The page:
“How did you get into baking?” I asked Caitie as I settled on a cart outside her booth, Bandana Bakery, last Friday.
“So many answers to that question,” she responded, smiling and snuggling their 14-month old son, Eamon. Andy had stepped in to interact with customers so we could talk. It was then about 11 a.m. and almost all their hand-made sourdough organic breads, croissants, traditional French pastries, and cookies were sold out.
“I grew up in Georgia, and when I was very little, I remember being in the kitchen while my mom and grandma cooked and baked all of our food from scratch. I wanted to help. And I did.
“Growing up, I always thought I would be an artist. When I was in high school, I developed my interest and skills in drawing and painting. I had been accepted to the Rhode Island School of Design and was planning to attend after graduation. However, I had accepted a job in Teton Valley cooking for NOLS for the summer between high school and college. And I was happy here — it ‘fit’. So, I ended up staying for a year. Some decisions in life make themselves.”
The fall of the following year, Caitie moved to Burlington, Vermont to study English and art at the University of Vermont. There, she joined the Outing Club, and soon became a volunteer leader for student hiking groups. Almost every weekend, she would pop a group into the school van and head out to a trailhead. Caitie was surprised and delighted to find a bakery in almost every small town. She was particularly intrigued by Red Hen Baking Company in Middlesex, Vermont where they made sourdough breads and traditional French pastries using all local grains.
Following her graduation from UVM, Caitie moved to New Hampshire where she worked at a Waldorf Camp in the Monadnock Range. One day in the farmhouse at the camp, she discovered big bags full of the most aromatic and beautiful bread she had ever seen. It turned out that the bread was baked in nearby Alstead, at a bakery called Orchard Hill Breadworks. The bakery was situated in an old barn on a working farm. “Their bread was so rustic, so honest,” Caitie continued. “I was so inspired by this place that in time, Noah Elbers, the owner, became my employer and my good friend. We still keep in touch.”
In 2012, Caitie returned to Teton Valley to cook again for NOLS, until 2014 when she returned to Vermont to begin her first gig as a baker at Red Hen. Red Hen was “the gold standard” — an award-winning organic, handmade bakery. It also provided good jobs in a rural community. “There I learned then mastered the skill of shaping bread — from 10 a.m. ‘til 10 p.m.! It was a physically demanding job, albeit a rewarding one,” she told me. “After a year with Red Hen, I stepped away from baking and the Northeast to attend a craft school in North Carolina, and from there to teacher training graduate school program in New Hampshire. I went to school part-time and worked part-time at Orchard Hill Breadworks. It was there that I quickly fell back in love with baking. Their oven was a Llopis, a wood-fired firebox located under a rotating stone hearth. Basically, it’s a large circulating stone platform connected to a wheel that rotates the hearth. As the hearth rotates, you keep adding new loaves, and in about 25 minutes, you start taking off fully-baked bread.”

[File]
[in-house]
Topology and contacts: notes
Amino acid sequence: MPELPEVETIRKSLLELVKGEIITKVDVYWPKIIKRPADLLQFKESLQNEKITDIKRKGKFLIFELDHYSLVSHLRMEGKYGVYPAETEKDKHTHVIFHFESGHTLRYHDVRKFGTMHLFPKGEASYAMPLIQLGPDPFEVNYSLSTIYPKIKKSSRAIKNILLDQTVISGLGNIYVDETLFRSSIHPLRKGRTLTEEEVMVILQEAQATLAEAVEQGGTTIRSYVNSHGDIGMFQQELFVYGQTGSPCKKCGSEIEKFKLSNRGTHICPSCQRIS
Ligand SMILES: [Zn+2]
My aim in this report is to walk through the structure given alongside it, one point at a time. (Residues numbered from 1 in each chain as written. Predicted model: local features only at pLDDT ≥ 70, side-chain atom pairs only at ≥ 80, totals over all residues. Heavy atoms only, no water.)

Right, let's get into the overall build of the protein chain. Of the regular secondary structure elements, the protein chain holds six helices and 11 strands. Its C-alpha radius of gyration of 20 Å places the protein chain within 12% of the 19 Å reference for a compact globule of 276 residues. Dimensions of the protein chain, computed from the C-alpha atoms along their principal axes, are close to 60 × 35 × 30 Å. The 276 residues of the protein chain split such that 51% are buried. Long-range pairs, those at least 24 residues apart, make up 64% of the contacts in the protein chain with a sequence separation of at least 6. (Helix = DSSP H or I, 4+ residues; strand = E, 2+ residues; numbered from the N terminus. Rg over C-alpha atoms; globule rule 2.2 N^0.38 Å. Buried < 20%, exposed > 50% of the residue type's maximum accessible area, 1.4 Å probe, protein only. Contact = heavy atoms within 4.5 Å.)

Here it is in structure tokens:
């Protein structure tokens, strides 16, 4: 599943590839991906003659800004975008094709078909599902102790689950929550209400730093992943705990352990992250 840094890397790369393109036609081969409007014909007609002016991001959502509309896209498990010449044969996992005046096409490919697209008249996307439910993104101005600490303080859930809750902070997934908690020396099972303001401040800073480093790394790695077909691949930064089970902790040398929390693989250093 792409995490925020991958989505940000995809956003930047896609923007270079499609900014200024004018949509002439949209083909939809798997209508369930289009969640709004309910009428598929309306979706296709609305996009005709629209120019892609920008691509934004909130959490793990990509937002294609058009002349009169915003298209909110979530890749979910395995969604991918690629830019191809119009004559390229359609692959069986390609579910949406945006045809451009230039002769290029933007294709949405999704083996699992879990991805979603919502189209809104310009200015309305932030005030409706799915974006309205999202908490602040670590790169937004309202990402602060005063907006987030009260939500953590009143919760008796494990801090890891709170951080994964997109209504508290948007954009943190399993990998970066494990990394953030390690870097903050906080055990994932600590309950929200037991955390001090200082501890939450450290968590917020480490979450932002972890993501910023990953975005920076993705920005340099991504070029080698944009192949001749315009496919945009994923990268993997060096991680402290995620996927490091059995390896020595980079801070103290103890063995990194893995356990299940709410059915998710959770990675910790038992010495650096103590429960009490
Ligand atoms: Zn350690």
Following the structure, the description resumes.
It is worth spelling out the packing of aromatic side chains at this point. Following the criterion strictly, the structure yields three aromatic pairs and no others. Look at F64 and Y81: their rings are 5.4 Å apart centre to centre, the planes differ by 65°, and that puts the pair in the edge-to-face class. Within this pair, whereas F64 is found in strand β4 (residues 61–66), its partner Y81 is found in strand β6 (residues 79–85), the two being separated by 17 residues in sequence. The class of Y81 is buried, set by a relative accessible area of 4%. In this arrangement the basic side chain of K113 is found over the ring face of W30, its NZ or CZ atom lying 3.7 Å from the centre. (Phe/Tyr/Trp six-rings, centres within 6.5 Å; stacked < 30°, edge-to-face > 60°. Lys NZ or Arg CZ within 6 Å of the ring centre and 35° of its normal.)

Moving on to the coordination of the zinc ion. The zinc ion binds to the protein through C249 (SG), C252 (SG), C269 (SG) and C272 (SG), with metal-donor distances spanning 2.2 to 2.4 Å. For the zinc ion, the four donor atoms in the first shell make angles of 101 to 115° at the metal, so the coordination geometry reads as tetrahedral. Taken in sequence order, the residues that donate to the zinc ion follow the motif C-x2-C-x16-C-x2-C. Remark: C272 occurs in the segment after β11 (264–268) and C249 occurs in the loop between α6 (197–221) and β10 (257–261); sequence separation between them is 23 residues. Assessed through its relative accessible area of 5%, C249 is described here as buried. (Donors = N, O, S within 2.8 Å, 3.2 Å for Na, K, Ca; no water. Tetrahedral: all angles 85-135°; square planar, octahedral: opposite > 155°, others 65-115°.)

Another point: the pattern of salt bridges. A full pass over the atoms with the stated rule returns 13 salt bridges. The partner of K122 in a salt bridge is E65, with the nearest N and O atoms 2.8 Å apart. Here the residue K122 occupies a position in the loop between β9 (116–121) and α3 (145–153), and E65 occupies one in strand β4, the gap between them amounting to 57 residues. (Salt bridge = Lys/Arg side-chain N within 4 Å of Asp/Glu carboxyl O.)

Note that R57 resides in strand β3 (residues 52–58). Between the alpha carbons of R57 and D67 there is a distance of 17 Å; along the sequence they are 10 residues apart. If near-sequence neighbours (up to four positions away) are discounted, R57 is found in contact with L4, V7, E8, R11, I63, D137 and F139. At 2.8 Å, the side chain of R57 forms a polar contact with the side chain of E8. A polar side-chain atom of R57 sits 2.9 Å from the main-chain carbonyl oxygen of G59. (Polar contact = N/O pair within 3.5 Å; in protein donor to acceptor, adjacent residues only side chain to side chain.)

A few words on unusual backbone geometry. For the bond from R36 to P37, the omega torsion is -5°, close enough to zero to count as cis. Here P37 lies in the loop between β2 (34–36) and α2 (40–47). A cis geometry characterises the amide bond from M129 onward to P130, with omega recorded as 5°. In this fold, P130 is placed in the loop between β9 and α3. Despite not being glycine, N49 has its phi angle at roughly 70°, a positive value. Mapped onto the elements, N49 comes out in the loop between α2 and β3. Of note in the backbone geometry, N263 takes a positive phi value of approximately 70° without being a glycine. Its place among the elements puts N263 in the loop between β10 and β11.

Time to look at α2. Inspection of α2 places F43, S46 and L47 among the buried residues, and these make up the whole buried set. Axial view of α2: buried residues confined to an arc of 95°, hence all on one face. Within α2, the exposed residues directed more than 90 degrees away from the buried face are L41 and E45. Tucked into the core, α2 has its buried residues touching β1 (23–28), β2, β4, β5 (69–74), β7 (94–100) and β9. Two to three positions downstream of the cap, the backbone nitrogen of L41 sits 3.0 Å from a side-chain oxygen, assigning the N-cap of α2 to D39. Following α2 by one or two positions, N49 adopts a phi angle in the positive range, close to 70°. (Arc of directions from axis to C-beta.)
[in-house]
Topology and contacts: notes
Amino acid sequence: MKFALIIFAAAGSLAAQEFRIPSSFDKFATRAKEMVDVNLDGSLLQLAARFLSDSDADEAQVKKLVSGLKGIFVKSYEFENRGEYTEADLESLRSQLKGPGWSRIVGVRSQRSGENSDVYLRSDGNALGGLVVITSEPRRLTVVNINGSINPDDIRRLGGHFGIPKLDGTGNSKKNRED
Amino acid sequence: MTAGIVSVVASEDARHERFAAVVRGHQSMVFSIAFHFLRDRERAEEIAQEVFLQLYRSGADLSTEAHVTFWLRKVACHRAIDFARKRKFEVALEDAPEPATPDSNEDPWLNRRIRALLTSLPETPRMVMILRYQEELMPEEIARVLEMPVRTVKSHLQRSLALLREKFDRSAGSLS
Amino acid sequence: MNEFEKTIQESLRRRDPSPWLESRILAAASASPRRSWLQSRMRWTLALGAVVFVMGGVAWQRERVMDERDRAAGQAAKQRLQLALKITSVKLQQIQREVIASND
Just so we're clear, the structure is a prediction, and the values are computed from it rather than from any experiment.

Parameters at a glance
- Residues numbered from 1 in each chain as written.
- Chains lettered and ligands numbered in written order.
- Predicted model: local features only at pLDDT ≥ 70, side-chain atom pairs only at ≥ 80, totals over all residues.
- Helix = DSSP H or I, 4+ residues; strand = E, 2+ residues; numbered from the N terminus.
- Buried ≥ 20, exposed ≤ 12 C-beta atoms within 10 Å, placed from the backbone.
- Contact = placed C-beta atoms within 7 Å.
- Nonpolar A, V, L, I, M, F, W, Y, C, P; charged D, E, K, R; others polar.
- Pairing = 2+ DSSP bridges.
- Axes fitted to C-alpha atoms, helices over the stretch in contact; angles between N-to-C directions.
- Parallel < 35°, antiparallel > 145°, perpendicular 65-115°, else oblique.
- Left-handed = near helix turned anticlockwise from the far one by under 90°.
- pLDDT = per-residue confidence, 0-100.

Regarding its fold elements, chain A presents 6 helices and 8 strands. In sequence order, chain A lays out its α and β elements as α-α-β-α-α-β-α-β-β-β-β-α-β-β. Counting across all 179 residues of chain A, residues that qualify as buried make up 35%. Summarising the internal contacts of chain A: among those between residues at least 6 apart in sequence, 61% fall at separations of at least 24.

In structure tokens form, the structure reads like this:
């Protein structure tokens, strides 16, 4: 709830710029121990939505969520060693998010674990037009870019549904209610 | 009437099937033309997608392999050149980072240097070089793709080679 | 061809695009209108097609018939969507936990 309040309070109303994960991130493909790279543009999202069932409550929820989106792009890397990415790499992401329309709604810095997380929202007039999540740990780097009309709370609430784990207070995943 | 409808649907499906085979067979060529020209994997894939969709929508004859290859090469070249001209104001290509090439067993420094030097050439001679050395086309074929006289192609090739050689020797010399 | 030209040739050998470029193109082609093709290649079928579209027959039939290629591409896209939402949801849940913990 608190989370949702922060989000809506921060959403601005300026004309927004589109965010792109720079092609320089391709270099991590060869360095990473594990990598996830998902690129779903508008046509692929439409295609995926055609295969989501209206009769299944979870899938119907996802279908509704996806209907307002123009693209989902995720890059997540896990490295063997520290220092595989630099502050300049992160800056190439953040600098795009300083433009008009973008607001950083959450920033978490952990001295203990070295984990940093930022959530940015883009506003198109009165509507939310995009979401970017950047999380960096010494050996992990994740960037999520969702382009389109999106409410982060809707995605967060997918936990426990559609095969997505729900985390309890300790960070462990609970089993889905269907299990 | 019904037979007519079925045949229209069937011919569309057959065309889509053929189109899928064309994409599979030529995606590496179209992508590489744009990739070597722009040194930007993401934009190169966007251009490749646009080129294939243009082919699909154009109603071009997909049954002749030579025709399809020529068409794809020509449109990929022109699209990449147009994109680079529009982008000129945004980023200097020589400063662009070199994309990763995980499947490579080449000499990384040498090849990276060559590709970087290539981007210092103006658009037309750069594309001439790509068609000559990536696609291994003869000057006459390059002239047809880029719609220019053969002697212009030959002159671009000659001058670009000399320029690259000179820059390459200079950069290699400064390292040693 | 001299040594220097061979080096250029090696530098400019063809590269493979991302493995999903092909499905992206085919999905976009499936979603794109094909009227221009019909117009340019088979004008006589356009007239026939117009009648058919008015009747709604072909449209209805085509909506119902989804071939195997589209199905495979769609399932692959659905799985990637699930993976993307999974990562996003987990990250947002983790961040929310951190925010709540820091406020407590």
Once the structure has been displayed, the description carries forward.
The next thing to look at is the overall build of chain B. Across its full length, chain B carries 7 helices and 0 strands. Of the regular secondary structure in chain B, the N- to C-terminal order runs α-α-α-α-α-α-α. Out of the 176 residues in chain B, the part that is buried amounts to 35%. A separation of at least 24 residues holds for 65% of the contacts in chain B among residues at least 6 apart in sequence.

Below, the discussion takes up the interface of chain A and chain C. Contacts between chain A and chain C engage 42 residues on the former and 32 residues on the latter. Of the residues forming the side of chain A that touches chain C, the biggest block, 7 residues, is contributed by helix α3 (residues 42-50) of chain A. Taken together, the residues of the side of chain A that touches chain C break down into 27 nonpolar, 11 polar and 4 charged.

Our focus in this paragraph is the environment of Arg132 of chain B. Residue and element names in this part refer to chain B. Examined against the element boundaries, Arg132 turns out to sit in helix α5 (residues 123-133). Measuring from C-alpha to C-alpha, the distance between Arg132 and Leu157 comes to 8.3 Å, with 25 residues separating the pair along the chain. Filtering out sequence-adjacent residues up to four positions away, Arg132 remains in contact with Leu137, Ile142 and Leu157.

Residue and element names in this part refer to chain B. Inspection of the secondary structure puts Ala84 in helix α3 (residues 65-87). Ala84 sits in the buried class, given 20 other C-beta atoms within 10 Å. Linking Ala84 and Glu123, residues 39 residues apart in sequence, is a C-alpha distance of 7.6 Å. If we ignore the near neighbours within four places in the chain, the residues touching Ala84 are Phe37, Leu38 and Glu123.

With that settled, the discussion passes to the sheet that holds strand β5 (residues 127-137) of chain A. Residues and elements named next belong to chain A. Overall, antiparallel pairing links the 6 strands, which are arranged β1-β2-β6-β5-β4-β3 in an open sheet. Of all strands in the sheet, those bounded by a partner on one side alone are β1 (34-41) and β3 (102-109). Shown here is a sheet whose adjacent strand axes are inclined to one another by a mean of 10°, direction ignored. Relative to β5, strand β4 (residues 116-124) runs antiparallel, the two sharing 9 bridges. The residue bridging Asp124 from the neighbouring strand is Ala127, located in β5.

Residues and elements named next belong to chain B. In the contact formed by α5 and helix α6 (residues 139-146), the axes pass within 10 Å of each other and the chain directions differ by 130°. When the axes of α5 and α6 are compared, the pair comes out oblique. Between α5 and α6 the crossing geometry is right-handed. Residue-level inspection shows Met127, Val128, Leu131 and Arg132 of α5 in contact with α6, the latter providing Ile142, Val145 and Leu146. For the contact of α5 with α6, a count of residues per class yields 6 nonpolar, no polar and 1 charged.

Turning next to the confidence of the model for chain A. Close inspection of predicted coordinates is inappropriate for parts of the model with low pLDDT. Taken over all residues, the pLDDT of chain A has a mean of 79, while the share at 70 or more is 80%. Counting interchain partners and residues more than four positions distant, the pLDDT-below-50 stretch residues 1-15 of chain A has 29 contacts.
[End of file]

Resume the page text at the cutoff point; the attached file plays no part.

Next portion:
“And now, Caitie, please tell me how Bandana Bakery began,” I asked.
“A few years ago, I moved back to Teton Valley to do a yoga teacher training. At the time, I got a job working with Ken and Erika on Full Circle Farm. Andy and I met, and... then along came Eamon last April. As a stay-at-home mom, I have found I have time to bake again. I’ve always had a dream to have my own bakery, to share what I have learned from all those other amazing craftspeople over the years. Andy has also dreamt of starting a bakery of his own, which is actually how we met. Now, with our family growing and feeling rooted here in Driggs, I feel like I finally have a reason to follow through with my dream. So, I started baking again, using a Combo Cooker (a cast iron Dutch oven specially made for baking breads) and our conventional stove. It’s not the most efficient or romantic way to bake bread, but it works, and it’s allowing us to create hearth-style loaves with what we have on hand for the time being. Someday, I would love to have a Llopis, though. We’re starting small at our Farmer’s Market this season, and that feels like a good first step towards our dream.”